Monday, July 12, 2010

Cool news from Bloglines

Well, I just checked into Bloglines and there are a number of new posts. Out of all of the new posts, the one that has excited me the most has to do with Mark Twain. It seems that Mr. Twain did not want his autobiography published until he had been dead 100 years. Well, it has been 100 years and the autobiography will soon be out. I am sure you have already guessed that I will be reading that book as soon as I can put my hands on it.

I think too much has been made about the books written by this man - the banning because of slavery. But Samuel Clemens was of a different time - a different era. Why can't we remember that? Poet and philosopher George Santayana is credited with saying "Those who cannot remember the past are condemned to repeat it." Slavery remains with us today - look at Haiti and so many other parts of the world. It hasn't disappeared so why do people get their feathers ruffled because of a book that was written so many years ago?

Ok, I got that out. Another interesting post (and these both are in the Book news, reviews and author interviews from the UK) is about ebook deals not fair to the authors. Apparently, Tom Holland who chairs the Society of Authors, has called on the authors to demand more in the way of royalties from publishers. Instead of the standard 25%, Mr. Holland believes the royalties should be split 50/50. The problem lies in the contract because it lasts the life of the copyright. The fight should begin now, says Mr. Holland, so that the present contract language does not become set in concrete. Well, like I've always heard, it's best to cut them off at the pass. Looks like this could get interesting.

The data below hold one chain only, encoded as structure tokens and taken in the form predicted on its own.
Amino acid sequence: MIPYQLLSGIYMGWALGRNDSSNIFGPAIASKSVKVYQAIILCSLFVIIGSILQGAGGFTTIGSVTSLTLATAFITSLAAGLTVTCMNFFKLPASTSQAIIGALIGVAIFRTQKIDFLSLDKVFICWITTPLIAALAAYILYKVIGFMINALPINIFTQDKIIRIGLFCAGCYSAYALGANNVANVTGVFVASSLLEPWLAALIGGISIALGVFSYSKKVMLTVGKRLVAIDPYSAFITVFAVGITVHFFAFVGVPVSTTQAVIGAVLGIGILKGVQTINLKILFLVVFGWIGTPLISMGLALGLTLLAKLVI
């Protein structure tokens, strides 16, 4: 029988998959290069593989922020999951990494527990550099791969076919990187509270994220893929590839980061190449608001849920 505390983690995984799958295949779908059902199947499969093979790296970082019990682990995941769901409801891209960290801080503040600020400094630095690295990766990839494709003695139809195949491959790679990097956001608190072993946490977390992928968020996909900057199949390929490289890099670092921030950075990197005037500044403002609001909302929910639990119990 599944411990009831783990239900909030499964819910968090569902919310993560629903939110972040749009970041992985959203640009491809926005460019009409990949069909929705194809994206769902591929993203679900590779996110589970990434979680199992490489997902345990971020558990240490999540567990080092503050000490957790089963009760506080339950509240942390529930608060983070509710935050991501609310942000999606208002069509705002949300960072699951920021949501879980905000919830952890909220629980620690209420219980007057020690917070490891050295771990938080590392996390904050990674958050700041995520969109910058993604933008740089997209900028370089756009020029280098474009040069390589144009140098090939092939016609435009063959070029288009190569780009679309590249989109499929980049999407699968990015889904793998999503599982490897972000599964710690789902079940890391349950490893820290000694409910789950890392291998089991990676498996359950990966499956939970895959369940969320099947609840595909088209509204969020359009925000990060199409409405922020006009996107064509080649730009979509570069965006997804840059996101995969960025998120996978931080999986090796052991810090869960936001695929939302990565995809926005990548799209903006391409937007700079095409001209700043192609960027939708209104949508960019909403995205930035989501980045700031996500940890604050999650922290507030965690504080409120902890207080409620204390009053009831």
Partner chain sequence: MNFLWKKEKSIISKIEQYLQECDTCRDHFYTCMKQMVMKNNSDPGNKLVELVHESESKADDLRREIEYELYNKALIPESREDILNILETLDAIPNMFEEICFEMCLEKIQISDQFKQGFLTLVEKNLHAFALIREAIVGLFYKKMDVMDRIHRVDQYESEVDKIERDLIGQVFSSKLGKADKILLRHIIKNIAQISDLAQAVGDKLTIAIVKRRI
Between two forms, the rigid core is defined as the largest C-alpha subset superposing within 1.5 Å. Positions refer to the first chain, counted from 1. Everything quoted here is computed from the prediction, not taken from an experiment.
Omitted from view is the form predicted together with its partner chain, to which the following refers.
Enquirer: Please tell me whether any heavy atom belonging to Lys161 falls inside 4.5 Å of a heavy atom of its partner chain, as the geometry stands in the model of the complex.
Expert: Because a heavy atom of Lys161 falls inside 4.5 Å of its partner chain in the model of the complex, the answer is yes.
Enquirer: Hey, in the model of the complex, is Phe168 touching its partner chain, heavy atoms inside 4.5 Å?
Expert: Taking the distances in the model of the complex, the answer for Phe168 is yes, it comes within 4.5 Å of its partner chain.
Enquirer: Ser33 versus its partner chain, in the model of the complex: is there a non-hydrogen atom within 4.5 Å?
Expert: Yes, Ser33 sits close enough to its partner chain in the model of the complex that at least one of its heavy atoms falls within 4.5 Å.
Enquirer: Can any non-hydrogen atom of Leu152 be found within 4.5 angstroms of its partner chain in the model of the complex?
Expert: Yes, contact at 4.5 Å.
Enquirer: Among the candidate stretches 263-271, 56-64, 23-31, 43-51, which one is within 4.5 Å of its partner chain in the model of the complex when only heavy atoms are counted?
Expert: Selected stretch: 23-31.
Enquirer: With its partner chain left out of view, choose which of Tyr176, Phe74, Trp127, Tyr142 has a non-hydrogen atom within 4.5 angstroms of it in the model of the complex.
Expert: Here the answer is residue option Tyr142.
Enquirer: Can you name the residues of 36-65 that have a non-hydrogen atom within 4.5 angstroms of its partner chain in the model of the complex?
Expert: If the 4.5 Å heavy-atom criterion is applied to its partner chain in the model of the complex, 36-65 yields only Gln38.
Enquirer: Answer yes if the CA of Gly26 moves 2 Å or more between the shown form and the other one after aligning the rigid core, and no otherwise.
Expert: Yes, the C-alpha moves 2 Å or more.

Well, I'm signing off for now as there is another post I want to read. It has to do with whether the novel is or is not dead. As you already know from my past posts, I am not a fan of fiction. It's alright for those who like it. But I don't like science fiction, or hobgloblins, or vampires, or those historical fictions with the woman who simply cannot live without that man. I have read my share of fiction and there are some writers I like such as Toni Morrison, Elmer Kelton, John Jakes, Faulkner, Mark Twain, and Agatha Christie. But give me Shelby Foote (although he did write some fiction), David McCullough, along with others listed in my previous posts.

I don't think the novel is dead. My question is whether we have any real classics today.

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